But it was actually the inaction of past councillors that motivated Gannon to join the council. Two years ago, Dublin City Council announced that it would not be collecting illegally dumped waste in Gannon’s area for some weeks. After councillors failed to help, he decided he could do a better job.

“I am quite confrontational at times,” he says.

Ah, a fiery redhead, I think.

He continues: “I suppose I ran for election to get myself involved in the debate and to challenge those that I didn’t feel were worthy of the position they were holding,” he says.

He pauses.

“This is the slowest I’ve ever eaten a sandwich,” he notes. “The gorgonzola is amazing.”

The cajun chicken is going down well too; it’s not too spicy, but is awkward to eat when you’re trying to professionally interview a councillor – there’s chicken everywhere.

I take this opportunity to take a photograph of the councillor, as well as his sandwich before it is eaten. He laughs. “Ah I’m going to look like a prick with my Pellegrino. You should have told me this was happening.”

Standing for election last year, Gannon never thought he would succeed the first time around, but he won over voters in Dublin’s North Inner City during what he describes as the most stressful period of his life.

He acknowledges the help he received from friends and family, calling the first of his two electoral strategies Operation Tina. “My mother’s a very popular woman around Dublin 1,” he explains. The second strategy was simply to knock on doors and introduce himself to as many people as possible.

Though it took Gannon some time to adjust to constantly being called by people with really difficult problems and serious worries, now he particularly enjoys helping out young constituents with advice on student grants and college choices.

He aspires to be a TD, because many of the issues he’s most interested are best addressed at a national level: housing, unemployment, the decriminalisation of drug use, the repeal of the Eighth Amendment.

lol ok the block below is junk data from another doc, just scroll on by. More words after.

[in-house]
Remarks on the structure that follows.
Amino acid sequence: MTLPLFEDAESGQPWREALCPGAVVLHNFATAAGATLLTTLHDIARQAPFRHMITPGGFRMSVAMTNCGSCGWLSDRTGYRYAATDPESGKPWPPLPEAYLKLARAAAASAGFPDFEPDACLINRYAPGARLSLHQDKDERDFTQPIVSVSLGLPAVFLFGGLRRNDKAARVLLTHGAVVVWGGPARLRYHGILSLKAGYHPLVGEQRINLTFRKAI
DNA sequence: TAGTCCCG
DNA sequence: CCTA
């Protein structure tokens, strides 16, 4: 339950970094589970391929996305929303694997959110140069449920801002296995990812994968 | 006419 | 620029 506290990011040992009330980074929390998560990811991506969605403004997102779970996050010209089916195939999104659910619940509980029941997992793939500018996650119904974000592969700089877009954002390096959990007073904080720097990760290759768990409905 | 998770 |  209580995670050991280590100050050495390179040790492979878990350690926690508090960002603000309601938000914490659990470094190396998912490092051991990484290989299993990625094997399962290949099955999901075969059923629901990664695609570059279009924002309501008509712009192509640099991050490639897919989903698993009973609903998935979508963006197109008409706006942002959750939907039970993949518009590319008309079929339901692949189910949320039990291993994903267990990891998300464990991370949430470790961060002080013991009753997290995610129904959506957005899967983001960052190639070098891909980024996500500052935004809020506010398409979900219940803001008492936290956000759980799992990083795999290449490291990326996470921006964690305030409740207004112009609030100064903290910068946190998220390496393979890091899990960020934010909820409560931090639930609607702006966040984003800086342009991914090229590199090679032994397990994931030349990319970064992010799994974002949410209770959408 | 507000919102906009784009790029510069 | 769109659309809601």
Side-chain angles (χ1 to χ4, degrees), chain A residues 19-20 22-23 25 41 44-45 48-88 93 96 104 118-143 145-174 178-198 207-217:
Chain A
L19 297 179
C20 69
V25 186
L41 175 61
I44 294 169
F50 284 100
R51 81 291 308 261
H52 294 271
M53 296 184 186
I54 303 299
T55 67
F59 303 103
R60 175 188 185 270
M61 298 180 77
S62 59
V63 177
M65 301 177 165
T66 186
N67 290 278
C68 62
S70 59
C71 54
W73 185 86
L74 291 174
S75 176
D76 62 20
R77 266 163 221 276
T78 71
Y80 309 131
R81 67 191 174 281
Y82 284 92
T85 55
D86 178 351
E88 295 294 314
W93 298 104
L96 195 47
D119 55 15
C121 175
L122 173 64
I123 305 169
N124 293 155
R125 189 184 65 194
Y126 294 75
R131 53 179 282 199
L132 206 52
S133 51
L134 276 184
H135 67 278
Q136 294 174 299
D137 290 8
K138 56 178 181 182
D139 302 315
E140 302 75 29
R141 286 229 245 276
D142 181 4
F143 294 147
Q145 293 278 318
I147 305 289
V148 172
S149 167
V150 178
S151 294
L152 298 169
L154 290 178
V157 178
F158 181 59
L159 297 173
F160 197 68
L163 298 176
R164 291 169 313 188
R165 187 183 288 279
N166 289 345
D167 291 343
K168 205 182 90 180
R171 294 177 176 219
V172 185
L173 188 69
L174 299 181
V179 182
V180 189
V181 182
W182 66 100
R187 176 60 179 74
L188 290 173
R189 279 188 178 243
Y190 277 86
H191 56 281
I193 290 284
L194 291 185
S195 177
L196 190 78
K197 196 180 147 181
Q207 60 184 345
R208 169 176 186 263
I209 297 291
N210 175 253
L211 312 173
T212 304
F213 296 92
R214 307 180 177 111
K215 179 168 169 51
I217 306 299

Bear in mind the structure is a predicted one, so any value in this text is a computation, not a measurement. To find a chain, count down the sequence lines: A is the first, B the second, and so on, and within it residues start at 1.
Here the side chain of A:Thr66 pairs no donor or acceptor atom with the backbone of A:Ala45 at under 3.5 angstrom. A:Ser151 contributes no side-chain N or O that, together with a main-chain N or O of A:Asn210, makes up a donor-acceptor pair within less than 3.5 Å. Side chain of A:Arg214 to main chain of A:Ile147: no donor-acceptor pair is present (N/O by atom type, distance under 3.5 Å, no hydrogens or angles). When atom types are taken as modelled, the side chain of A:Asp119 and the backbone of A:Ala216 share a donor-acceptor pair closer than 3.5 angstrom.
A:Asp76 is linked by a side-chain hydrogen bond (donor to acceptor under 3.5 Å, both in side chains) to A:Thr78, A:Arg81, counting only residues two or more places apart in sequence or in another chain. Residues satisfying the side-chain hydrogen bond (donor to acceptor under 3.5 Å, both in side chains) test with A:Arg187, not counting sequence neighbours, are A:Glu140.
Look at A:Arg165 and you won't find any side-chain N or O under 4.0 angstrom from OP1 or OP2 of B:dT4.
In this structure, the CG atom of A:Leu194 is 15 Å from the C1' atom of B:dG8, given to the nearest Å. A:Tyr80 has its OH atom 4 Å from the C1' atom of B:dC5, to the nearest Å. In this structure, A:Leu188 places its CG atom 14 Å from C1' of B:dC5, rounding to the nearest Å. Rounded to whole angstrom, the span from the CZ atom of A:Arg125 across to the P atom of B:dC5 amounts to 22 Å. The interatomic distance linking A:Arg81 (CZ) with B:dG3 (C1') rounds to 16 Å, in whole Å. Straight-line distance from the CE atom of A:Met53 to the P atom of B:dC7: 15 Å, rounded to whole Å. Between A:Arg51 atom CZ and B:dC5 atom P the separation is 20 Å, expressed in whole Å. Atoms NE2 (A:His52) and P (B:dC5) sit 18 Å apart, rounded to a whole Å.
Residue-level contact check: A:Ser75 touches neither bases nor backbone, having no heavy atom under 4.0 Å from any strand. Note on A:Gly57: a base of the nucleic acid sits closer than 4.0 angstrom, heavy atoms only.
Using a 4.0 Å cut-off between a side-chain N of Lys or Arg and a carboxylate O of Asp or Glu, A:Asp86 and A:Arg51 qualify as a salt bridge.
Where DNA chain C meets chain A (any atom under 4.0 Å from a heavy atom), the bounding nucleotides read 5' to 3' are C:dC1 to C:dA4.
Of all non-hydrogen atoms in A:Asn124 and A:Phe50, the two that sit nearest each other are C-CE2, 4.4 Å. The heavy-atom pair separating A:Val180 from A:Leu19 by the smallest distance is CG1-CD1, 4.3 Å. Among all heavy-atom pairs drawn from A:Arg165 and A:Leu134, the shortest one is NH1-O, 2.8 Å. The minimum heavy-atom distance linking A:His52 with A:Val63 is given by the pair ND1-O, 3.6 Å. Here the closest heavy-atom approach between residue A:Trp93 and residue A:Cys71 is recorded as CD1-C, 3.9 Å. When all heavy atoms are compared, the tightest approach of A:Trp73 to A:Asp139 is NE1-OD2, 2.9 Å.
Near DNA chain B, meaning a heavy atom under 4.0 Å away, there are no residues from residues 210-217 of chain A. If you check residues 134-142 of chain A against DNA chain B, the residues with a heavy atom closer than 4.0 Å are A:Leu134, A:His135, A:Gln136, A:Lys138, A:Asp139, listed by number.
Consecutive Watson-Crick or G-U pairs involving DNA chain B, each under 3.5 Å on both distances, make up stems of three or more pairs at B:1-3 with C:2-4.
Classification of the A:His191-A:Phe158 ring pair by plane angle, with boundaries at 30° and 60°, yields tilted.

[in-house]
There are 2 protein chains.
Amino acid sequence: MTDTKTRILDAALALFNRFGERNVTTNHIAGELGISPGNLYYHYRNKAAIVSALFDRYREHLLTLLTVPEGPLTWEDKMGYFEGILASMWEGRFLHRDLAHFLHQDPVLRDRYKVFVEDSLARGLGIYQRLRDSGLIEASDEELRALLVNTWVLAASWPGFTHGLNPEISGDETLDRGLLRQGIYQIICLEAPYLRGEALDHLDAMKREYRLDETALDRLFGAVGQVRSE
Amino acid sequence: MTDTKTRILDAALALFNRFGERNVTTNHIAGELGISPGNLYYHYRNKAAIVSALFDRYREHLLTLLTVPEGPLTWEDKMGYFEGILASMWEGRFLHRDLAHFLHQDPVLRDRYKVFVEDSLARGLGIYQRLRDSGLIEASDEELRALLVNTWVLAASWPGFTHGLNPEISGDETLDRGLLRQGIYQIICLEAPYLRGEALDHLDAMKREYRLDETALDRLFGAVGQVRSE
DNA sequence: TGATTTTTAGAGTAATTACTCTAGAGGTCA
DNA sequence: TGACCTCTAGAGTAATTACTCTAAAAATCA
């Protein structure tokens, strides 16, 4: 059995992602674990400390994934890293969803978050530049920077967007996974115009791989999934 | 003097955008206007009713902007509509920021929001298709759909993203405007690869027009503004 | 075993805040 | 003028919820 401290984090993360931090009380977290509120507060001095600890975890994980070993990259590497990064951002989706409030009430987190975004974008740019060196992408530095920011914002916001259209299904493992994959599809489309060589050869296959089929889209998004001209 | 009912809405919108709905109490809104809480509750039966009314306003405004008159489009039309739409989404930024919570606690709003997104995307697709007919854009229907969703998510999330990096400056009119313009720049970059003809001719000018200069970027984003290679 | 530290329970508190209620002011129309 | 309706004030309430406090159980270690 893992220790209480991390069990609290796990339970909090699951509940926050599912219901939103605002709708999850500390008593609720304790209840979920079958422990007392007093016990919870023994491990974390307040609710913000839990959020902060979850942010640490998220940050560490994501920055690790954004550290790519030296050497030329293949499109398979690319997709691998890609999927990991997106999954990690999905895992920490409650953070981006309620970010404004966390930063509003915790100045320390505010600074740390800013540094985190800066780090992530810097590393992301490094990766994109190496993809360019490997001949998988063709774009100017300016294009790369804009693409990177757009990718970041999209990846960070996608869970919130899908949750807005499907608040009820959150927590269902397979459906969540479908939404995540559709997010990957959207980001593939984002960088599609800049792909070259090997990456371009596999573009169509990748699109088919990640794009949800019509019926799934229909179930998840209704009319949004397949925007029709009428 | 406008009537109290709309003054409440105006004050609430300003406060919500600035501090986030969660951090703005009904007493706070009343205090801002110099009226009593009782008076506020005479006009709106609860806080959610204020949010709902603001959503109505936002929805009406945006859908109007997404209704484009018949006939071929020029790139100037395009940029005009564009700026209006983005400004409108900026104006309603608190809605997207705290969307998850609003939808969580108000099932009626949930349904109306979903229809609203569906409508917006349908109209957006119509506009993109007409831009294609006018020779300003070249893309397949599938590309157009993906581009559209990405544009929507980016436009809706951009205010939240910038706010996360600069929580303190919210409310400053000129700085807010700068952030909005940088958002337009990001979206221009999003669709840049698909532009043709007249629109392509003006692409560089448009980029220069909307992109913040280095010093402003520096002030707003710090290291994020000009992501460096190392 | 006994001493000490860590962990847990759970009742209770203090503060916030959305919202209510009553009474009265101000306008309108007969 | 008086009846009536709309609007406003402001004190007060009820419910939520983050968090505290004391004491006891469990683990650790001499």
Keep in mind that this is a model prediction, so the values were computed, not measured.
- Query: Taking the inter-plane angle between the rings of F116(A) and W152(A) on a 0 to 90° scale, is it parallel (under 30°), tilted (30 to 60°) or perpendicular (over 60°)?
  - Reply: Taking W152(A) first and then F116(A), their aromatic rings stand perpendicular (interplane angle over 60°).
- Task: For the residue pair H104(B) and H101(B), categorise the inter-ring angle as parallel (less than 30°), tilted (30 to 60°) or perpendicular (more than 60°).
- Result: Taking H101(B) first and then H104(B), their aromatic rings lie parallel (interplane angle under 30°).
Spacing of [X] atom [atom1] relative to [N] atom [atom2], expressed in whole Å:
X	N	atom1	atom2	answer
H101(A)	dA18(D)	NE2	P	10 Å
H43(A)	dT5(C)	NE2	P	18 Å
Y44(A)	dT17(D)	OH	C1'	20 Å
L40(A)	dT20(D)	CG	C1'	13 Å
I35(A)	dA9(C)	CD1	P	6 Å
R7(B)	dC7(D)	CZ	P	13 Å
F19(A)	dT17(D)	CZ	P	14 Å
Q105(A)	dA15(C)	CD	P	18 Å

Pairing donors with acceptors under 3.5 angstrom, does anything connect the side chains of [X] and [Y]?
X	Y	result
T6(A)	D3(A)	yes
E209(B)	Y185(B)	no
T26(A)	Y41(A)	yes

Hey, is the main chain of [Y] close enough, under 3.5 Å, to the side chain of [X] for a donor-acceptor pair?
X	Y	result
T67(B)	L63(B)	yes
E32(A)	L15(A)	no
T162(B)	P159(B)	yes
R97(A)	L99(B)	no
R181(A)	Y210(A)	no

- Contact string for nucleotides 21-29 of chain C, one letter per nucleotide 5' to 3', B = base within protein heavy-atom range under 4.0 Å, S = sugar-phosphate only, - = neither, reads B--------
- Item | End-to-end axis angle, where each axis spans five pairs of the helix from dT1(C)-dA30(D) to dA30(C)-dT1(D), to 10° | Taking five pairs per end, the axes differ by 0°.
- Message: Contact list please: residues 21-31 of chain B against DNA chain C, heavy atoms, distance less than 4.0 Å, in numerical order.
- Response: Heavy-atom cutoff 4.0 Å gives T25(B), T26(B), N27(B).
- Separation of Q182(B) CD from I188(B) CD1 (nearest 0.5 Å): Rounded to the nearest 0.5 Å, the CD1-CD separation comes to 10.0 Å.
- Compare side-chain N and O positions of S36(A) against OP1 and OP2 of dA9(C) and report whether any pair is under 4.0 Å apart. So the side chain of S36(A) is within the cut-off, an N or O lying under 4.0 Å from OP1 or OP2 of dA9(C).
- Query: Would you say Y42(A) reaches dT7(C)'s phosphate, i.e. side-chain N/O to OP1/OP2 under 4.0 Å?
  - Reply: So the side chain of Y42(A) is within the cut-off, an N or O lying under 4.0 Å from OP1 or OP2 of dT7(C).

As well as dealing with those who are living on the street, Gannon also deals with a less prominent type of housing insecurity: overcrowding. Sometimes he encounters situations in which upwards of eight people are living in one small flat.

“People get in touch with me and they are sharing rooms with their uncles,” he says. “It’s enormously mentally straining for people who find themselves in that situation.”

Comparing some of the current living conditions in the city to the tenements of the early 1900s, he calls the situation “shameful”.

But do councillors have the power to effect change on these issues? Probably not. Gannon believes councillors’ powers are very limited, while the city manager has too much power.

“It’s an illusion of democracy at times,” he says. “And it’s like, who in the name of jaysus elected the city manager? Because I didn’t.”

For the moment, Gannon is positive about his future in politics, but says that if he reaches a point where he doesn’t feel he is making a difference, he will try his hand at something else.